A new law which took effect in March will affect how much Springfield and Clark County parents pay toward child support.

Changes to child support rules impact how much Springfield parents pay

Major changes just took effect in the way the child support payments in Clark County and the rest of Ohio are calculated — the first overhaul of the system since 1992. The law now better reflects the economic times and acknowledges the support that non-custodial parents bring to child rearing, Clark County officials say.

Clark County parents owe about $25 million dollars in child support yearly, said Clark County Department of Jobs and Family Service Director Virginia Martycz, and about 35 percent of that money goes unpaid.

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“It causes difficulty for the family trying to raise the child because there is a lack of funds,” Martycz said. “The (Child Support Enforcement Agency) is very involved in actively pursuing those cases. We work very closely with the courts in Clark County. But we also look at the reason for the non-payment. “

If an individual has lost their job or they have a medical hardship, for instance, the agency tries to work with them, Martycz said.

The child support guideline change was an important one, she said.

“It was a needed change because it was based upon data from the 1980s and obviously the cost of living has changed a lot since then,” she said.

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The remade system will be fairer for the fathers and benefit their children, said Eli Williams, founder and CEO of Urban Light Ministries in Springfield. Williams runs programs in Clark and Montgomery counties for men striving to be good fathers, but who often fall short making child support payments.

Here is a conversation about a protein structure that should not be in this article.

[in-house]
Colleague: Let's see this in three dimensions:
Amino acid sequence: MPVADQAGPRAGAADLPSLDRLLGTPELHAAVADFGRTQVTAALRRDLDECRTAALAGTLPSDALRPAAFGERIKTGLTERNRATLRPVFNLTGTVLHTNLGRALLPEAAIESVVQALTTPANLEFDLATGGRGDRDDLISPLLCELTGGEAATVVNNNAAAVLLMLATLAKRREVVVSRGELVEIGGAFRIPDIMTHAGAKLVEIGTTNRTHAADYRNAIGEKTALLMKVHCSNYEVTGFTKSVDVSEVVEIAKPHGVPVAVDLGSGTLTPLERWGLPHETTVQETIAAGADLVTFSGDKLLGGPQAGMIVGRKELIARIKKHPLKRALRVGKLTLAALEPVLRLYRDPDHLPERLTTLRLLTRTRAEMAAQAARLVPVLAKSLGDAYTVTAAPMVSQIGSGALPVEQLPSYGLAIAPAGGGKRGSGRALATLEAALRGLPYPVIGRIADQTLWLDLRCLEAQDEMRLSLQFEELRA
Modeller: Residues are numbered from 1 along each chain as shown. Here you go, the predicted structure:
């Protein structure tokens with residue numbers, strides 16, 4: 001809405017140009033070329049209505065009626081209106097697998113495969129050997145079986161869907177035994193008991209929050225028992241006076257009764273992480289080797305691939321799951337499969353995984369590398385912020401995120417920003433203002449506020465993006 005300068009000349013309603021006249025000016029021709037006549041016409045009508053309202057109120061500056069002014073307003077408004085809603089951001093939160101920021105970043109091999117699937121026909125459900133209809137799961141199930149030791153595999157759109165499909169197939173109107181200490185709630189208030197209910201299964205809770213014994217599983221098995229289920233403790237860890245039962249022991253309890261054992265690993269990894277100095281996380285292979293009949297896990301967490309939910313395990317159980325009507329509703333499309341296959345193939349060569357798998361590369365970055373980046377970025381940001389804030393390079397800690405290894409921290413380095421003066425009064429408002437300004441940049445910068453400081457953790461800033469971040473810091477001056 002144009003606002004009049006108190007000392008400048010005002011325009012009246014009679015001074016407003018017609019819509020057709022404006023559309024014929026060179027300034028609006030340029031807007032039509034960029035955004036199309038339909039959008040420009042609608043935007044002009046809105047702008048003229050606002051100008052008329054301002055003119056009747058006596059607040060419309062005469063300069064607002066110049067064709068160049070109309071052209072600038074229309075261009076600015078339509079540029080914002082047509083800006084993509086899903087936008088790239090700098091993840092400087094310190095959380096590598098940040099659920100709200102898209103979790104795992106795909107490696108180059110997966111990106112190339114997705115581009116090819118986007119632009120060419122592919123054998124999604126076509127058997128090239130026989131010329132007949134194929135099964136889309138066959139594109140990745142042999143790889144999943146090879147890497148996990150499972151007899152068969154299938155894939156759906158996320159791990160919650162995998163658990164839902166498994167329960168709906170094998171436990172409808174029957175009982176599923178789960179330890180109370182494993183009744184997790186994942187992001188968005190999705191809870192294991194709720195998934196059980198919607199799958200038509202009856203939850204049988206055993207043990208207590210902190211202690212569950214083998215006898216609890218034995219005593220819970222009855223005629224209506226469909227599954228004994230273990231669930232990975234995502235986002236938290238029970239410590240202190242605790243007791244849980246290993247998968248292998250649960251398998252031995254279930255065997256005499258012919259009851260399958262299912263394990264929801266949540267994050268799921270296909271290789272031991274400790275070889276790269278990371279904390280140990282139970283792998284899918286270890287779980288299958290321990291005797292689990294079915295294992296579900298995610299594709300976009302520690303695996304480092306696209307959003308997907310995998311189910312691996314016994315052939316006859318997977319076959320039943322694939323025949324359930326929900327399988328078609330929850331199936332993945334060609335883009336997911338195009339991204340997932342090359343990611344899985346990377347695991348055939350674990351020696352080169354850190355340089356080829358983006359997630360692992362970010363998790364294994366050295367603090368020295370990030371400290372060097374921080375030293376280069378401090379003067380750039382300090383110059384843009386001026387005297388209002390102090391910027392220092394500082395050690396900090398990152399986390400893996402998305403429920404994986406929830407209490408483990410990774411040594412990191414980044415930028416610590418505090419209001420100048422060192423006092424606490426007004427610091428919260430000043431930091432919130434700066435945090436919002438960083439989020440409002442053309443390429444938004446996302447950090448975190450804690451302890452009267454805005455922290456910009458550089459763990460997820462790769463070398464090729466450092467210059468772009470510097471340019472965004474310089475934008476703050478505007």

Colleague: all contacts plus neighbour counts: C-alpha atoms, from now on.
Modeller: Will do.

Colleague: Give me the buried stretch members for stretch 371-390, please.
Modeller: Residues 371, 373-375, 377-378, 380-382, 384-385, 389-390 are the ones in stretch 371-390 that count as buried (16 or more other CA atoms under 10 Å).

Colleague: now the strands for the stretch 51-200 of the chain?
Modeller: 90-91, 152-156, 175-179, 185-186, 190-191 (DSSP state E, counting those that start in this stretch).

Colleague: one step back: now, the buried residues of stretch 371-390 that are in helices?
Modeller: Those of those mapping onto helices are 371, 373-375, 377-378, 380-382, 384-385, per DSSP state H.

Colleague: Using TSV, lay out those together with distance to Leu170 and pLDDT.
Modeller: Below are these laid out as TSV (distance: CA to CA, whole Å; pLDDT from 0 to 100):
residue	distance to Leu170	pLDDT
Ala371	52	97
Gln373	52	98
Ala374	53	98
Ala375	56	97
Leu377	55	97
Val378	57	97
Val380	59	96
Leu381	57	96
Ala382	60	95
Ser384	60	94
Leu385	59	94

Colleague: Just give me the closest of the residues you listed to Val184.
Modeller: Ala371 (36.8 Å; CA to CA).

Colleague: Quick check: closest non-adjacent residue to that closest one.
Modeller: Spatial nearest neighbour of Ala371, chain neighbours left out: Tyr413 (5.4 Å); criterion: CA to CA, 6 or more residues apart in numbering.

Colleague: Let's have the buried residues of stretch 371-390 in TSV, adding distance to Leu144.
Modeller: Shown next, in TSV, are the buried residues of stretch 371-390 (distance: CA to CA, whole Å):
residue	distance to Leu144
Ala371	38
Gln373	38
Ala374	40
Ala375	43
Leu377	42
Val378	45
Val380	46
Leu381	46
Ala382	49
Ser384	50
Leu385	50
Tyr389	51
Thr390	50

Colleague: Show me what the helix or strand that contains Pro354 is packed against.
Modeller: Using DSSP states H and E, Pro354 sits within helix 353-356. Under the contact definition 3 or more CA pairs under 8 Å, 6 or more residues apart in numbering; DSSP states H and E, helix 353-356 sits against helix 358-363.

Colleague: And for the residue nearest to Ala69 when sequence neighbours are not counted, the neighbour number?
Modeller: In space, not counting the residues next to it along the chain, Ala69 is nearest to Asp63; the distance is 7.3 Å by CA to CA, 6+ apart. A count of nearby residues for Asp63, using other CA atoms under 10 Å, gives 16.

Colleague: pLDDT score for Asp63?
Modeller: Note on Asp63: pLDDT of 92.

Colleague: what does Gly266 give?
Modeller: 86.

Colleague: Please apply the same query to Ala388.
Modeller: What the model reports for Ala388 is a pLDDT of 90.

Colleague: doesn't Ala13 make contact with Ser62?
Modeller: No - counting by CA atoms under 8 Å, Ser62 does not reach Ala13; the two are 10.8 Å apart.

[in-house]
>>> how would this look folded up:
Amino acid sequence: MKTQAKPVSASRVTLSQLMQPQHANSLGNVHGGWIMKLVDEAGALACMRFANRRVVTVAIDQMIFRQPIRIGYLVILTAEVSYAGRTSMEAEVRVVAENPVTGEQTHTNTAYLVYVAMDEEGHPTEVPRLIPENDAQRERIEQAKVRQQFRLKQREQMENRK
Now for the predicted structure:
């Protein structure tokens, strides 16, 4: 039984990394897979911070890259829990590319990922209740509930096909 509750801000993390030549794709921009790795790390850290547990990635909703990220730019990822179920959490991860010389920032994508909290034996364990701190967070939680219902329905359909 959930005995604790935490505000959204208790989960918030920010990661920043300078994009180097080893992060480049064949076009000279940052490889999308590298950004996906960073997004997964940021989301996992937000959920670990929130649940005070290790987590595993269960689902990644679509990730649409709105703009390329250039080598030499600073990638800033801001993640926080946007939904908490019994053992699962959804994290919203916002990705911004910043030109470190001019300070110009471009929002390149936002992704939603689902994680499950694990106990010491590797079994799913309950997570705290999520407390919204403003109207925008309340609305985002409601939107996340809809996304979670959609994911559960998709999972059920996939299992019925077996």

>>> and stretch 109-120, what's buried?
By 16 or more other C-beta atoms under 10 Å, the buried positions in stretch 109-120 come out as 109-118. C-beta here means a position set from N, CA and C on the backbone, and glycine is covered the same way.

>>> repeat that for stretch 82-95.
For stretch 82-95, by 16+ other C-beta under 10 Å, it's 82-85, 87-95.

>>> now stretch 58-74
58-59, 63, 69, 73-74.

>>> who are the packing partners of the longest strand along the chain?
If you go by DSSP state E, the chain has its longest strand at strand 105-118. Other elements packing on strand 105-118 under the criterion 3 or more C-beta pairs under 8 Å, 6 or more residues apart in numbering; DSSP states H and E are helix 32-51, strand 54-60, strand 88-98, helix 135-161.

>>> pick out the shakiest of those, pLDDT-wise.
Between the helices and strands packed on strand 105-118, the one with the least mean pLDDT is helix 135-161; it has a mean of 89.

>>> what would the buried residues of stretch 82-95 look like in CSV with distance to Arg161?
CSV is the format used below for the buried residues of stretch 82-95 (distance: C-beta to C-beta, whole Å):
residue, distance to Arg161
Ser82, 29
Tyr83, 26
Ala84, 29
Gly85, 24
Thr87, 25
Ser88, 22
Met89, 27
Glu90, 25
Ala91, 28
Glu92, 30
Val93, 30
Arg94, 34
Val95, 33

“If it results in the child support payer being able to pay, that’s a good thing for his child,” he said. “Whereas, if it’s out of reach … and they just bail on it, that’s not helping anyone.”

The system statewide covered more than 1 million children and resulted in more than $1.6 billion in collections last year, according to the Ohio Department of Job and Family Services.

But problems in the system run deep, including more than $4.9 billion in unpaid support, some as far back as 1976.

Most of the debt in Ohio— nearly 70 percent — is owed by parents who make less than $10,000 a year, child support enforcement officials say.

The new formula accounts for more factors such as credit for shared parenting time and out-of-pocket expenses associated with child care and medical bills.

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The reform changed the system in additional ways:

• Economic data used to calculate orders — some from the early 1980s — was updated. New data allow for the calculation of orders for families with combined income of up to $300,000, up from $150,000;

• Changed the minimum order to $80 a month, up from $50 a month;

• Allows state workers to update child support formula tables, rather than require lawmakers to approve updates;

• Capped allowable credit given for child care expenses so low-income support payers are limited to sharing half of child care costs; and

• Established a “self-sufficiency reserve” to make sure low-income parents don’t face child support orders that far exceed their ability to pay.

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Bill Beagle, a Republican former legislator from Tipp City, helped work on the Ohio Senate bill while also chairing the Ohio Commission on Fatherhood.

“We became familiar with the amount of arrearages that dads have and some of the struggles that dads have … in making ends meet,” Beagle said. “We knew that there was a big problem.”

Former Ohio Gov. John Kasich signed the bill last June, and the updated law took effect March 28.

The changes, however, are not retroactively applied across-the-board. The new rules apply to new child support orders, and those cases that undergo a triennial review.

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The law — which had broad but not unanimous support — will eventually do what lawmakers intended, Beagle said.

“We think by having awards that recognized the appropriate income levels and expenses, you’re going to have a better collection rate, which means you’re going to have more money there to support the children, which is ultimately what we need,” he said.

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